Beirut – Activists accused the Islamic State (ISIS) group
on Friday of being behind a deadly gas attack in northern Syria this past
summer, as the global chemical weapons watchdog confirmed it was mustard gas.
Meanwhile, Islamist rebels wrested back a flashpoint town
in the central province of Hama, reversing the last of gains the army had made
in a month-old offensive.
The Organisation for the Prohibition of Chemical Weapons
(OPCW) on Friday confirmed with “utmost confidence” that mustard gas
was used in August in Syria.
A report from OPCW fact-finding teams said an infant was
“very likely” killed in the attack on Marea, a town in Aleppo
province, on August 21.
OPCW said the mustard gas was used by non-state actors,
but activists and a monitoring group said it was clear that IS was behind the
Rami Abdel Rahman, head of the Syrian Observatory for
Human Rights monitoring group, said “ISIS used toxic gases during its
attack on Marea in August”.
He said ISIS had likely gotten the gas through Turkey or
Journalist Maamun al-Khatib, who was in Marea at the
time, said: “We knew it was ISIS because all the shells were being fired
east of Marea, and that area is totally under the control of ISIS.”
ISIS has attacked Marea for months in an effort to cut
off a supply route into the country from Turkey.
For activist Nizar al-Khatib, OPCW’s report “comes
too late and isn’t enough, because it doesn’t identify IS as the one
responsible for firing the mustard gas.”
Doctors Without Borders (MSF), which operated a nearby
field clinic, treated four members of a single family for “symptoms of
exposure to chemical agents.”
The Marea residents told MSF they saw a “yellow
gas” when a mortar round hit their house.
An MSF spokesperson said on Friday that the Paris-based
group did not have enough evidence to finger ISIS.
The OPCW report also said toxic chemicals, including
chlorine, were used in an attack in March in the northwest province of Idlib.
Six people, including three young children, were killed
in an apparent chlorine attack in the village of Sarmin in Idlib province on March
17, the Observatory and activists said.
After a chemical attack that killed hundreds in the
Eastern Ghouta region east of Damascus in August 2013, Syria agreed to declare
and hand over its chemical weapons in a deal overseen by OPCW.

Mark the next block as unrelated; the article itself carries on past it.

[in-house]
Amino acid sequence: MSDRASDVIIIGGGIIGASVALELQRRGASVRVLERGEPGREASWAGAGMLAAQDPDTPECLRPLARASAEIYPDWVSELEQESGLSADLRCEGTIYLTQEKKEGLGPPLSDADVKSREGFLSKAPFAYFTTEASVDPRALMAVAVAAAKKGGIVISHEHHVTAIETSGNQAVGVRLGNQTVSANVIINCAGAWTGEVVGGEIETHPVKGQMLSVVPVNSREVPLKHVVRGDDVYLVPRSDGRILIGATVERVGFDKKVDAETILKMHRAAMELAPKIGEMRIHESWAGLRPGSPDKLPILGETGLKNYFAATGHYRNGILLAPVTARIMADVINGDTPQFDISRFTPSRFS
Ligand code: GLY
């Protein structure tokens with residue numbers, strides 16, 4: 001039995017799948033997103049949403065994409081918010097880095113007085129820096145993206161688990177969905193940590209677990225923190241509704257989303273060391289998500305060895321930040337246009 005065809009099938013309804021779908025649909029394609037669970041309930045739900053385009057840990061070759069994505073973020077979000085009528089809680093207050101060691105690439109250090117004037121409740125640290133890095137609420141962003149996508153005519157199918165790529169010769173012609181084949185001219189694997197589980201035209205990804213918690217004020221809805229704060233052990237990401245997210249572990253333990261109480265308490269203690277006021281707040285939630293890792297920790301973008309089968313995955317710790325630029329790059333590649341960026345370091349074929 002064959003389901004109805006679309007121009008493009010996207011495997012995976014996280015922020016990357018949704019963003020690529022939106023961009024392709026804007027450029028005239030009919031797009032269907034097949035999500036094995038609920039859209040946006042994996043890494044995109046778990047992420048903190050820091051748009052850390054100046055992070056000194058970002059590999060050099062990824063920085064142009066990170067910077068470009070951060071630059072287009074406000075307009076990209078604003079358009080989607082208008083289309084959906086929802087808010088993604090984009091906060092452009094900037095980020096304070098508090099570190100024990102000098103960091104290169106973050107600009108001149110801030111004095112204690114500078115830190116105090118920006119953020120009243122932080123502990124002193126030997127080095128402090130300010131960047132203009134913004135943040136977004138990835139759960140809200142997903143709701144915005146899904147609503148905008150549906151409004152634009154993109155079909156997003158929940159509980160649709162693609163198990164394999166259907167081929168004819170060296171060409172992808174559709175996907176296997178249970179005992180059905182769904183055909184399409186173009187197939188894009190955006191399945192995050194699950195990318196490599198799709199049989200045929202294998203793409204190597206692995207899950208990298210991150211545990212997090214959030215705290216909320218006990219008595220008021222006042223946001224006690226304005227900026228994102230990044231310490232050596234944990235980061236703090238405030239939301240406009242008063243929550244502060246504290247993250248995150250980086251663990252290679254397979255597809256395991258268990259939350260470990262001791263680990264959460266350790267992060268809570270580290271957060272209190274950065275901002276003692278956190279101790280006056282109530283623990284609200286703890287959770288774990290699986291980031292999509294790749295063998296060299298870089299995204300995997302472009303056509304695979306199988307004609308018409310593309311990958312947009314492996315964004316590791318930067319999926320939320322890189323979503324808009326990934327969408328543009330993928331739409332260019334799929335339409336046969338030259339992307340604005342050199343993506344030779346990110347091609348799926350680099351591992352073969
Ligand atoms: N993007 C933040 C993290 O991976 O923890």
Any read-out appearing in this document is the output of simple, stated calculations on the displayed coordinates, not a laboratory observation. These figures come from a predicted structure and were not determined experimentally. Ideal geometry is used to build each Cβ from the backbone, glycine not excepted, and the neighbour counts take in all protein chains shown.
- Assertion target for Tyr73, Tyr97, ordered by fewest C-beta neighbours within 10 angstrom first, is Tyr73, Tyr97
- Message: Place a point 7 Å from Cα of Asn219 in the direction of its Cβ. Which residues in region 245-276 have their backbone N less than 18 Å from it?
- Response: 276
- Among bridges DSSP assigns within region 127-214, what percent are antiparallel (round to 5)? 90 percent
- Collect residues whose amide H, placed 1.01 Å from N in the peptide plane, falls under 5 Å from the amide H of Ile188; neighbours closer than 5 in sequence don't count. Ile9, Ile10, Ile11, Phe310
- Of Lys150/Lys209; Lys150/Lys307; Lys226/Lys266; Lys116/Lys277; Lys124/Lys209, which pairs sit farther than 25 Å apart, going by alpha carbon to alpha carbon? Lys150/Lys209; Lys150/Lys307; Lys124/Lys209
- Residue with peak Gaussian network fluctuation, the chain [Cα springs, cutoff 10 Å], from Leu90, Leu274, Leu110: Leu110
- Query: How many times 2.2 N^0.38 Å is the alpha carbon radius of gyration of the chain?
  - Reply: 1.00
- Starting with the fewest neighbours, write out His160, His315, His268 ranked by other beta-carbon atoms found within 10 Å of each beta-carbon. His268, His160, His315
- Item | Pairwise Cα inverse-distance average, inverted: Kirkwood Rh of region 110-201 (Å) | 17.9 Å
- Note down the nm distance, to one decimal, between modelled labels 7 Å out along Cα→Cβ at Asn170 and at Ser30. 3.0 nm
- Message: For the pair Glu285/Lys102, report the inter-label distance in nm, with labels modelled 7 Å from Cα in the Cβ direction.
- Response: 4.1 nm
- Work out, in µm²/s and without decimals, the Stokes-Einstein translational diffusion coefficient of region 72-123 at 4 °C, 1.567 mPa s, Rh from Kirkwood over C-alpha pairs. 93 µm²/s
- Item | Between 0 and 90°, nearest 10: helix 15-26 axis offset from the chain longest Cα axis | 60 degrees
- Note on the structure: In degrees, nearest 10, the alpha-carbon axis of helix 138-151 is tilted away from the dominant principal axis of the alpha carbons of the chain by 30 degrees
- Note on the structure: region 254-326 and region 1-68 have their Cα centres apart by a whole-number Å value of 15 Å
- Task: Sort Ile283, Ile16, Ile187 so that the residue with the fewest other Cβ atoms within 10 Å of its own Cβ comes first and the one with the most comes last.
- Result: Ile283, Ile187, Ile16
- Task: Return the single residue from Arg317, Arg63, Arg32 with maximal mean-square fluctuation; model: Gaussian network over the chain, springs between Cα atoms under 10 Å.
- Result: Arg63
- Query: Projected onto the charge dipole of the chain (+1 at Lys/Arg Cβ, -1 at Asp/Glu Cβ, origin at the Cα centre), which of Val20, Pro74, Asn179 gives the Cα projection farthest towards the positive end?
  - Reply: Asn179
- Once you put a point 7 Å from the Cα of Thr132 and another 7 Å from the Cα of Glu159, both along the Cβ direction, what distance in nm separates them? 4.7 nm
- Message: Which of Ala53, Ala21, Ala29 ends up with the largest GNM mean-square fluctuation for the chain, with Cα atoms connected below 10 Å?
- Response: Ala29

Meanwhile, Islamist fighters including Ahrar al-Sham
seized a town in Hama province, rolling back a series of recent gains by the
beleaguered armed forces of Damascus.
Ahrar al-Sham and allied rebels overran Atshan and nearby
villages in the morning and, despite Russian air support, the army was unable
to push them back, the Observatory said.
Russian warplanes had been key to the army’s gains in the
offensive it launched in Hama on October 7, one of several ground assaults
across Syria backed by Moscow.
The government captured Atshan on October 10, but
withdrew from it and nearby towns, including Umm al-Haratayn, on Friday.
“Regime forces lost control of the last remaining
towns it had seized since the beginning of its ground operations in the
northern parts of Hama province,” Observatory chief Rami Abdel Rahman
TOWS against tanks
The setback comes a day after the army lost the towns of
Morek and Tal Skeik to jihadists and other rebels.
The loss of Morek cost the army the last town under its
control along the main highway north from Hama to second city Aleppo.
Morek has changed hands several times in Syria’s
four-year civil war. Government troops last retook it in October 2014.
The army still controls swathes of territory south of the
town but is facing a fierce fightback from rebels using US-made TOW anti-tank
According to the Revolutionary Forces of Syria Media
office, which publishes news on opposition military developments, rebel groups
across Syria destroyed at least 123 army tanks in October alone using TOW
More than 250 000 people have died in Syria’s conflict,
which several rounds of diplomatic pushes have failed to end.
On Friday, Saudi Foreign Minister Adel al-Jubeir held
talks in Oman, a traditional mediator on the region, to seek a solution to the
And UN envoy for Syria Staffan de Mistura will go before
the Security Council next week to report on peace efforts after trips to Moscow